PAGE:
From the same collection, a fine still life in oil by an artist in the style of Gaspar Verbruggen made £14340 and a panorama of Venice ascribed to Jacopo Fabris (1689-1761) made £33,460. An interesting portrait of Lady Jean Seton, daughter of the Earl of Dunfermline, died at the age of just 19 but was painted at the age of 12 in an elegant dress. This image, which had passed down through the family of the sitter, made £14,340 despite some misgivings about its condition whilst a newly-confirmed early work by Sir John Lavery, painted when he was in his early 20’s and depicting a lady on garden steps, made £9080 for its delighted Dorset vendor. The picture sale exceeded half a million pounds with under 15% unsold.
Lawrences’ first auction of furniture and works of art in 2013 was greeted with enthusiasm by buyers, despite there being about 6” of snow throughout Crewkerne on the day of the sale. “We were inundated with commission bids, telephone bids and online bids,” said the firm’s managing director, Helen Carless. “In the event, the sale was as well-received as ever and the results were even better than we might have hoped.”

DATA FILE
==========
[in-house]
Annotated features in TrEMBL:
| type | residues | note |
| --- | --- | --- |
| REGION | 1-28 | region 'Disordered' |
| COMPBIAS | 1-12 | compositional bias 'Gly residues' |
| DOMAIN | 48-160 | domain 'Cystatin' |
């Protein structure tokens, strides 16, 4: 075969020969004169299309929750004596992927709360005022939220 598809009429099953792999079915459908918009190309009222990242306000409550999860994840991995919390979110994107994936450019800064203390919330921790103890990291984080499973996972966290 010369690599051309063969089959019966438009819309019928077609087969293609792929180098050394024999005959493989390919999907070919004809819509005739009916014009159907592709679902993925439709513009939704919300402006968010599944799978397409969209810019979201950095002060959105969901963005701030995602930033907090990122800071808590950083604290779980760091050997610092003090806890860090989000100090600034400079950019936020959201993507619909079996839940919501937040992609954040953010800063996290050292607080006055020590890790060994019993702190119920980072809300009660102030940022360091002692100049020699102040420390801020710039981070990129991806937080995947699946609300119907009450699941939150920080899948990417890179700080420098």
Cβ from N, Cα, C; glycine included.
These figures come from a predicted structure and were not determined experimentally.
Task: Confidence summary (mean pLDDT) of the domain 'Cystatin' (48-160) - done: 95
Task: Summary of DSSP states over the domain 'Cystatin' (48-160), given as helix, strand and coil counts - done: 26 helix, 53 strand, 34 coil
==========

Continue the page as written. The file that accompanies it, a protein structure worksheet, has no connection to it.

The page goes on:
In the selection of clocks at the start of the sale, a musical skeleton clock striking on a rack of eight bells and a gong made £3700. This struck a positive note for the rest of the auction which continued with a plentiful selection of strong prices across all the lots on offer.
Highlights included a 17th Century oak court cupboard that made £7520, a Regency bog oak occasional table by the celebrated designer George Bullock that made £7880, a William III ebonised settee that made £6570 and a room-sized Ziegler-type carpet that took £4540.